With this current very cold, but beautiful sunny weather, we decided to venture further afield and headed to Grimwith Reservoir in the Yorkshire Dales and find some proper snow!
The snow hadn’t reached us so there were still green fields, with the odd dusting of snow here and there and thick frost where the sun couldn’t reach, but in the distance the tops were covered in a blanket of the white stuff. As we carried on into the Dales, the snow got thicker and covered even the valley bottoms. We arrived at Grimwith Reservoir, owned by Yorkshire Water and stopped at the gate just off the main road. Beyond, the road to the car park looked like a skating rink and we erred – the actual car park is quite a way along this road. Taking stock, we decided to park on the other side of the gate in a little layby and walk in and not risk getting stuck or sliding off the road.
We wrapped ourselves up so we looked like Michelin Men and even The Dog donned her coat. The sun shone and the snow glistened as we walked up the road towards the car park, keeping on the verge for grip. The road was solid ice. Several cars passed us, making us feel wimps for parking by the gate, but there was a steep incline and the cars took it slowly and steadily. We came up to the edge of the reservoir and the final climb to the car park which had quite a few cars considering. A snow cloud came over, dropping light snowflakes on us, swirling in the light breeze as we followed the track out the other side and found a footpath that dropped us down towards the water’s edge. Snow crunched under our walking boots and we watched where we put our feet – it was quite safe, but it was an uneven gravel path. We came up to a small thatched building which is a very unusual roof covering in the Dales – in the sunshine, with the snow laden cloud moving on, it looked almost Scandinavian. We couldn’t get close to it to check it out, but presumed it was part of the water company’s maintenance buildings.
We carried on, The Dog on her lead, her nose heightened by the cold, was on full sniff alert. She loves the snow- we made snowballs for her to catch and chomp – nothing makes you feel colder than watching your hounds eat snow with relish. We walked on, following the edge of the reservoir, past clumps of hardy pine woodland, adjacent fields and fells. It was an easy trail to follow and relatively flat, a few steady pulls up, but nothing too strenuous. When the sun disappeared behind a lingering cloud or we ducked into shadow, the temperature dropped considerably and a couple of times, the wind picked up on the more exposed area and caught our breath.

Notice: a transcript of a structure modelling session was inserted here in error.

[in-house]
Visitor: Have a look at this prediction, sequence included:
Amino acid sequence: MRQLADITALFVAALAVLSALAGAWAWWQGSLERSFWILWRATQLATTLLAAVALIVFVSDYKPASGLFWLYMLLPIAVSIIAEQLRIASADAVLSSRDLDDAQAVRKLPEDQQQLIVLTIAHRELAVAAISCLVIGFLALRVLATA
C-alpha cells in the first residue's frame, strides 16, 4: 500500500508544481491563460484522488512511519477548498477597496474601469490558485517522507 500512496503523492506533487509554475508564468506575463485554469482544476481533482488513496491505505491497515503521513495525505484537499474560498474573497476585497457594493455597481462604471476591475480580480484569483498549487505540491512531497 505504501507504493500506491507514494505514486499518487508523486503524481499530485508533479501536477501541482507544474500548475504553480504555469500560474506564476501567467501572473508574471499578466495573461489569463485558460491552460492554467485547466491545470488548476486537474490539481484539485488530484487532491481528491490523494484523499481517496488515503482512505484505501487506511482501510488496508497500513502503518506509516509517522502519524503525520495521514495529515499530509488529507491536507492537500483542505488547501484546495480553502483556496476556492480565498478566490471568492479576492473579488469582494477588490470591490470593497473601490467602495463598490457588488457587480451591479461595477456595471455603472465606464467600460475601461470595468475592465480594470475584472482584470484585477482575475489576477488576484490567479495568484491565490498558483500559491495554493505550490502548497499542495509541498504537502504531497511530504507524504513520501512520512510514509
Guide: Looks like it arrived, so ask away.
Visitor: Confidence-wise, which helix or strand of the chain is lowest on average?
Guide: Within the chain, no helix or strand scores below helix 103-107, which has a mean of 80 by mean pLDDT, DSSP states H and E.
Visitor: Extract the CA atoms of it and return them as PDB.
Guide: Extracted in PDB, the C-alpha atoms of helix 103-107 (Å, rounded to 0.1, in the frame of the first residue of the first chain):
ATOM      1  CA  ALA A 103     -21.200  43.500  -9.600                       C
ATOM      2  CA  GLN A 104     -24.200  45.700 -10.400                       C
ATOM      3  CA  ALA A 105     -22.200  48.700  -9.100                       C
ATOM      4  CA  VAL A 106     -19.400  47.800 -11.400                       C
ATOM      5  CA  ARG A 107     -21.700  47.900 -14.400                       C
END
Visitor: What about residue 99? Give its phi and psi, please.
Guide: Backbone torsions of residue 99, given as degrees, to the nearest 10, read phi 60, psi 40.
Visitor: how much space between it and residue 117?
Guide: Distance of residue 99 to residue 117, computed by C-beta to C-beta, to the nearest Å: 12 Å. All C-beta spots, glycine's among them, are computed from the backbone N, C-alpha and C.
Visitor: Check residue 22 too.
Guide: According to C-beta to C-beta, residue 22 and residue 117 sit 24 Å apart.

But the views were stunning and it was lovely to walk in crunchy snow on a mid winter’s day, the sun shining with blue sky – the sort of day that makes you appreciate being alive and enjoying nature’s raw beauty. You felt you could flick the sky with your fingers and hear the satisfying ping of crystal, it was that crisp and clear.
Soon we were walking on the top of the dam itself with views reaching south across the fells of Wharfedale and beyond. We reached the road again and started back towards the car – the ice had melted considerably since we had arrived, turned into slush by car tyres, but on a steep hill, where the sun hadn’t touched it, the ice remained hard and compact – we agreed that we wouldn’t like to drive down that. As we strolled back, several cars had abandoned the idea of reaching the car park, parking along the road instead – tucked into little laybys and flat areas of exposed gravel and dirt. Cars were still coming in – it was getting quite busy – but several of them soon passed us again, having turned around and seeking another place to park. Perhaps that icy incline was putting people off. Incredulously, a motorhome appeared and we gasped in surprise – what was he thinking!! We advised him of the state of the road and within minutes, he had turned around and slunking back. Our own little parking spot had become full with four other cars and that made us feel better and not so wimpish after all. We had walked some 4.5 miles around the reservoir and it had certainly shook off the Christmas cobwebs and got us vitalised again after a 10 days of slothiness and lethargy which comes with a festive week of overeating, drinking and not really doing much. Even The Dog appreciated the longer walk, happy to be out somewhere different and not being dragged around the same block again by owners, reluctant to leave the warmth of a blazing fire and the chance of a mince pie or sausage roll.
We headed down to Grassington and found the Yorkshire Dales National Park car park where we ate our packed lunch and drunk our flasks of hot sweet tea, before making use of their toilets, which were thankfully open. Finding public toilets open in the middle of this pandemic is a bit of a hit and miss affair, so it’s a pleasure to find such a facility rather than loitering behind a bush and exposing your nether regions to the biting cold. The sun was sinking towards the distant fells and we decided to head home before it got dark and icy again. It had been a cracking day out.